New Diabetes Guidelines Create Controversy

New Diabetes GuidelinesThe American College of Physicians (ACP) has just released new guidelines for the treatment of diabetes, especially when treating older people.

The standard recommendation, agreed upon by a number of medical associations, including the American Diabetes Association (ADA), recommends keeping A1c levels below 7% in anyone with diabetes. However, after reviewing a variety of guidelines, the ACP published a paper in the Annals of Internal Medicine that finds that such a low A1c level, especially in older diabetics, does more harm than good. (Don’t know what A1c is?
See our blog post here, which includes the ADA’s guidelines for A1c.)

The ACP has relaxed the commonly-used guideline of keeping A1c below-7% because some of the medications used to reduce A1c bring with them side effects that decrease
the patient’s quality of life.

They are especially concerned about the elderly population, in which 1 in 4 people have diabetes.  Older patients often have more than one chronic diseases, and may take many different medications. As a consequence, the potential for drug interactions increases.

All people who suffer from multiple chronic conditions, including renal failure, liver failure, and-stage disease complications, cognitive impairment, advanced microvascular or macro vascular complications, and any conditions that limit life expectancy, share the same risks as the elderly.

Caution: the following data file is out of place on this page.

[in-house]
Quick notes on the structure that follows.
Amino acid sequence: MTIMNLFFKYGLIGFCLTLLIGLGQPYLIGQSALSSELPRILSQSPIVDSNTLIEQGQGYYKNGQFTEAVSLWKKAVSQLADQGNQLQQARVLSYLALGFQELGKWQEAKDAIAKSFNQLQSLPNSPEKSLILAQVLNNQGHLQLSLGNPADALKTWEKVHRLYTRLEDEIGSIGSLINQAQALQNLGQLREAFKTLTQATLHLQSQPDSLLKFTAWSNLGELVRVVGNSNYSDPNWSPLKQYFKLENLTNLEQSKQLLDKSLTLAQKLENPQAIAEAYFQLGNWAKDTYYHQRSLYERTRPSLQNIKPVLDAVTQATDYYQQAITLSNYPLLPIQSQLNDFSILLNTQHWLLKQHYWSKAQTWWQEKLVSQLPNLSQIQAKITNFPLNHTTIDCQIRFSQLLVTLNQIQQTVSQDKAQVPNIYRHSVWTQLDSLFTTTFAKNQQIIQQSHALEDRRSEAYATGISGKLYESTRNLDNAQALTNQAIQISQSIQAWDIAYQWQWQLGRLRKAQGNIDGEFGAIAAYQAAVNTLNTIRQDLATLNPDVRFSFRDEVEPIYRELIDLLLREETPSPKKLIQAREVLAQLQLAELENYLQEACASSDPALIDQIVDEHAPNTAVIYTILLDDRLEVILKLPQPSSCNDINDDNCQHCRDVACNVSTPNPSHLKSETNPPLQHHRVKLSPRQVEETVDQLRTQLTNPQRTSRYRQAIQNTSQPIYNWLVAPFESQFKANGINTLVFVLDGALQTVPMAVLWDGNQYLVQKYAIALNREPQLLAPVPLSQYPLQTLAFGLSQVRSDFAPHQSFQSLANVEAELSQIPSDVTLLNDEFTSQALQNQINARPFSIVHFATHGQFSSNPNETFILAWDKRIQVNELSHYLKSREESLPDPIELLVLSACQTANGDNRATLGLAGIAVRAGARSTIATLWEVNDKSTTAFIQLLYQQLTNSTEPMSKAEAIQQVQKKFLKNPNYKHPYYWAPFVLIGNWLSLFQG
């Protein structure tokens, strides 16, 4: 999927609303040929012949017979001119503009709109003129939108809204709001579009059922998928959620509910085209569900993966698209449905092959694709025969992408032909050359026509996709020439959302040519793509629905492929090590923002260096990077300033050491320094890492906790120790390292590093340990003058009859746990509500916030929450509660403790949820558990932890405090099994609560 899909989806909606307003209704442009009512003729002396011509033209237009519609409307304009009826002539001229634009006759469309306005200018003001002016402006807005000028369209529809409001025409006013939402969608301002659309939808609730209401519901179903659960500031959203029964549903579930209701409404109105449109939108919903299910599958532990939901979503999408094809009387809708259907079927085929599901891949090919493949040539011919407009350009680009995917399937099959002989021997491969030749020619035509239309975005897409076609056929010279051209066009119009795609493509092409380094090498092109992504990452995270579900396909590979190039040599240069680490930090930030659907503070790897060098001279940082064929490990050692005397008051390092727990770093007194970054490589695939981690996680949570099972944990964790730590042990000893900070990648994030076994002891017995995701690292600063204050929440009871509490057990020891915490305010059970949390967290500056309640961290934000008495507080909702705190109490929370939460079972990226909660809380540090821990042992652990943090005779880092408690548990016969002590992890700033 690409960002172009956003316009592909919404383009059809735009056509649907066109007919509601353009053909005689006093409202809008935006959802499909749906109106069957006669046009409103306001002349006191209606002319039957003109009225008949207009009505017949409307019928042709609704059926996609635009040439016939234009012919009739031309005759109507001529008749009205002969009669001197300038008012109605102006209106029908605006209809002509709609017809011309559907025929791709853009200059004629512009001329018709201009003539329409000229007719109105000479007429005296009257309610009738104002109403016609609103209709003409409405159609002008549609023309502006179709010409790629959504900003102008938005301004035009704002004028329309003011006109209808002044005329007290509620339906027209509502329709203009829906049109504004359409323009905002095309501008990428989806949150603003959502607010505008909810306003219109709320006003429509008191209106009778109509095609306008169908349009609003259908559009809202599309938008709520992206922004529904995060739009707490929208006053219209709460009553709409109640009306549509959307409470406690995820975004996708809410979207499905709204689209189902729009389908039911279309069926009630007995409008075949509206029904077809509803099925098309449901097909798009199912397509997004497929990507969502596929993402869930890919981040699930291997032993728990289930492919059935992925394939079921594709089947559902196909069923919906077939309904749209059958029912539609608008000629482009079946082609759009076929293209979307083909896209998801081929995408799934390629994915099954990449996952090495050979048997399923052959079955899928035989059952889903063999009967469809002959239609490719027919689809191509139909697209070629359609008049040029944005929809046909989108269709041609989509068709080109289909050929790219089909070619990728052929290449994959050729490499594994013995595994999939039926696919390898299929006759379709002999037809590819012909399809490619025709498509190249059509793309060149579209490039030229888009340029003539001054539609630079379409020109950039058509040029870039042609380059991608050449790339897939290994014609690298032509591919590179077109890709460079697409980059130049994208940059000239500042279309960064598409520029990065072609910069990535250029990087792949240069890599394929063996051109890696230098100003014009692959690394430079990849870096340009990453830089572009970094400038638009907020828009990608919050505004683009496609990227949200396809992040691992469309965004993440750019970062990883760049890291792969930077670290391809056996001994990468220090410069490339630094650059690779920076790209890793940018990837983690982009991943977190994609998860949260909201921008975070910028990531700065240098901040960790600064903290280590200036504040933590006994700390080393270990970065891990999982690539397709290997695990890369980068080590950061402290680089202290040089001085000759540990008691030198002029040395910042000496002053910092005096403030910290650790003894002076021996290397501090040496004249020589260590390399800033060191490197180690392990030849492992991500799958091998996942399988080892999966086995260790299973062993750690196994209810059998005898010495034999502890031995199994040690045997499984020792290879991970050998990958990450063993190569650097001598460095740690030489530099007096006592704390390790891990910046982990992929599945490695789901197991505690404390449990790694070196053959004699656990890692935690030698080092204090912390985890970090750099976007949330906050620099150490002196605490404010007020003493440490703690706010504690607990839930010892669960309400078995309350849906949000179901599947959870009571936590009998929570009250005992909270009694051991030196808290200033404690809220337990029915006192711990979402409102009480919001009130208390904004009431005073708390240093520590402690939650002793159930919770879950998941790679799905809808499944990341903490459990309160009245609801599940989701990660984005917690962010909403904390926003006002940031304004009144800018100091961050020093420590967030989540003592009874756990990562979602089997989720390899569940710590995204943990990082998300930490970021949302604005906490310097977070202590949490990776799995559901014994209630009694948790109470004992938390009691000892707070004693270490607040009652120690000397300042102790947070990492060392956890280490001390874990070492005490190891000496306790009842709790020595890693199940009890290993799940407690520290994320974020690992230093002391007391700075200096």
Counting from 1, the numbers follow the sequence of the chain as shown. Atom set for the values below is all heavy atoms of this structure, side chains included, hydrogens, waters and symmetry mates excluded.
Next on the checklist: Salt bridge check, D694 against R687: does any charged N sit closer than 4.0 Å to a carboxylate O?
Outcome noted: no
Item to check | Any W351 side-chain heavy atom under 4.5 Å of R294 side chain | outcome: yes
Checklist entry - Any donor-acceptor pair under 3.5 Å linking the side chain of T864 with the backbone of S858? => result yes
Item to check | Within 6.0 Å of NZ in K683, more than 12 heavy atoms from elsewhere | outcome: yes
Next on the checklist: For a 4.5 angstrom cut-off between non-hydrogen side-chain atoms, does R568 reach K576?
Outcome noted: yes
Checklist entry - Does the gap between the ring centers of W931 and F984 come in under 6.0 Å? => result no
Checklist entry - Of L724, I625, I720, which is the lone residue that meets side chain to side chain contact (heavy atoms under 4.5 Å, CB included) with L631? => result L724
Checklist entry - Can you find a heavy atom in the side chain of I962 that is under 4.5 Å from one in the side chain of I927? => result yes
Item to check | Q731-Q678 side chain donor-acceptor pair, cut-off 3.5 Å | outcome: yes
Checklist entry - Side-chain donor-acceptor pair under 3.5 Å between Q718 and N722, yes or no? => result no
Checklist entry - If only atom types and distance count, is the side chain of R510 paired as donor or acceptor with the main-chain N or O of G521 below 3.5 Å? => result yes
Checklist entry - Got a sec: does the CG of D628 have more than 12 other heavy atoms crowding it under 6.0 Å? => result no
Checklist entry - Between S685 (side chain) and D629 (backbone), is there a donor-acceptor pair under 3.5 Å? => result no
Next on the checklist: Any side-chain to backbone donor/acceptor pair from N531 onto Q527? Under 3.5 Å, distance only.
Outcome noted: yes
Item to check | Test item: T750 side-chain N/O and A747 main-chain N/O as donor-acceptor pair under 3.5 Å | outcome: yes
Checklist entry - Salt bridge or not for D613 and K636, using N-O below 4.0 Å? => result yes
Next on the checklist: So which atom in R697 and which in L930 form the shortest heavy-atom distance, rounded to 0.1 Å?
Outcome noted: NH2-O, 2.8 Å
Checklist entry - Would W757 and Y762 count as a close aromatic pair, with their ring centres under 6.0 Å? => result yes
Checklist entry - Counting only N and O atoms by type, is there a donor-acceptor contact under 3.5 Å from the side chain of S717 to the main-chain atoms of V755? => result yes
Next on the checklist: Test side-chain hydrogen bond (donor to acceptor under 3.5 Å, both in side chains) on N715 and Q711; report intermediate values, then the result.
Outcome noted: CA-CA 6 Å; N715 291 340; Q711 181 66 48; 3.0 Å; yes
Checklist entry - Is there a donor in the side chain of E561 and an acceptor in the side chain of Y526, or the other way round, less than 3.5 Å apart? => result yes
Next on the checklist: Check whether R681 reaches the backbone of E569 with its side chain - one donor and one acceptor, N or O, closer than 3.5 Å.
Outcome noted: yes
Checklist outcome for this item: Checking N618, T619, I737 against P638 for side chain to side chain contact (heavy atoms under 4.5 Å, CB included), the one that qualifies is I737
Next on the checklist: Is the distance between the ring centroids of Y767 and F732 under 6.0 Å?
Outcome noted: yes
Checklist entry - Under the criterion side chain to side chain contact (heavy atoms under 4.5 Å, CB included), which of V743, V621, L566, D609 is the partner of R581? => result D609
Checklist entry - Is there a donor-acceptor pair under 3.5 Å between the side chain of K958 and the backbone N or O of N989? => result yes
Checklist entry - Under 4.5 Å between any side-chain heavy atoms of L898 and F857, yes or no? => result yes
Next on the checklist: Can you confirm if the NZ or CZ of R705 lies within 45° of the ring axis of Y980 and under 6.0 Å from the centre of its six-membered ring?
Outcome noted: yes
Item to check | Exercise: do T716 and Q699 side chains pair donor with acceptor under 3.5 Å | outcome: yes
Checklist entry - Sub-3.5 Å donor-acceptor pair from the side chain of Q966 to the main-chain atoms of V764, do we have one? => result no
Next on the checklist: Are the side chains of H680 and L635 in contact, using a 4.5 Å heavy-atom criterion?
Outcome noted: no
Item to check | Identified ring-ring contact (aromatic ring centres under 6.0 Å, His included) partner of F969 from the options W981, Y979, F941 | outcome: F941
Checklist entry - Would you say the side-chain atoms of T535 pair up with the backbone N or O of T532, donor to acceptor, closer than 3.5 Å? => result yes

The ACP also notes that keeping A1c levels below 7% increases the risk of hypoglycemia (low blood sugar), whose symptoms include lightheadedness, fainting, and fatigue.

This new recommendation has not been accepted by other medical organizations.
In particular, the ADA, has publicly rejected the new guidelines.

What all sides agree on, however, is that doctors need to look at the entire medical picture when setting A1c targets. With diabetes, one size does not fit all. Especially with patients who have other chronic diseases, and are taking multiple medications, a personalized plan must be developed to balance the risks and benefits of blood sugar management.

At Atlantic Coast Healthcare and Rehabilitation Center, in Lakewood, NJ, our doctors are always on top of new guidelines in disease management. We consider all factors when drawing up a personalized plan for each of our residents. Whether your loved one has diabetes or another chronic illness, you can be sure that our doctors, nurses, nutritionists, and therapists will take all factors into account to make sure they have the best health
and the best quality of life possible.

Want to discuss your loved one’s needs? Contact us at 732-364-7100, or by clicking here.

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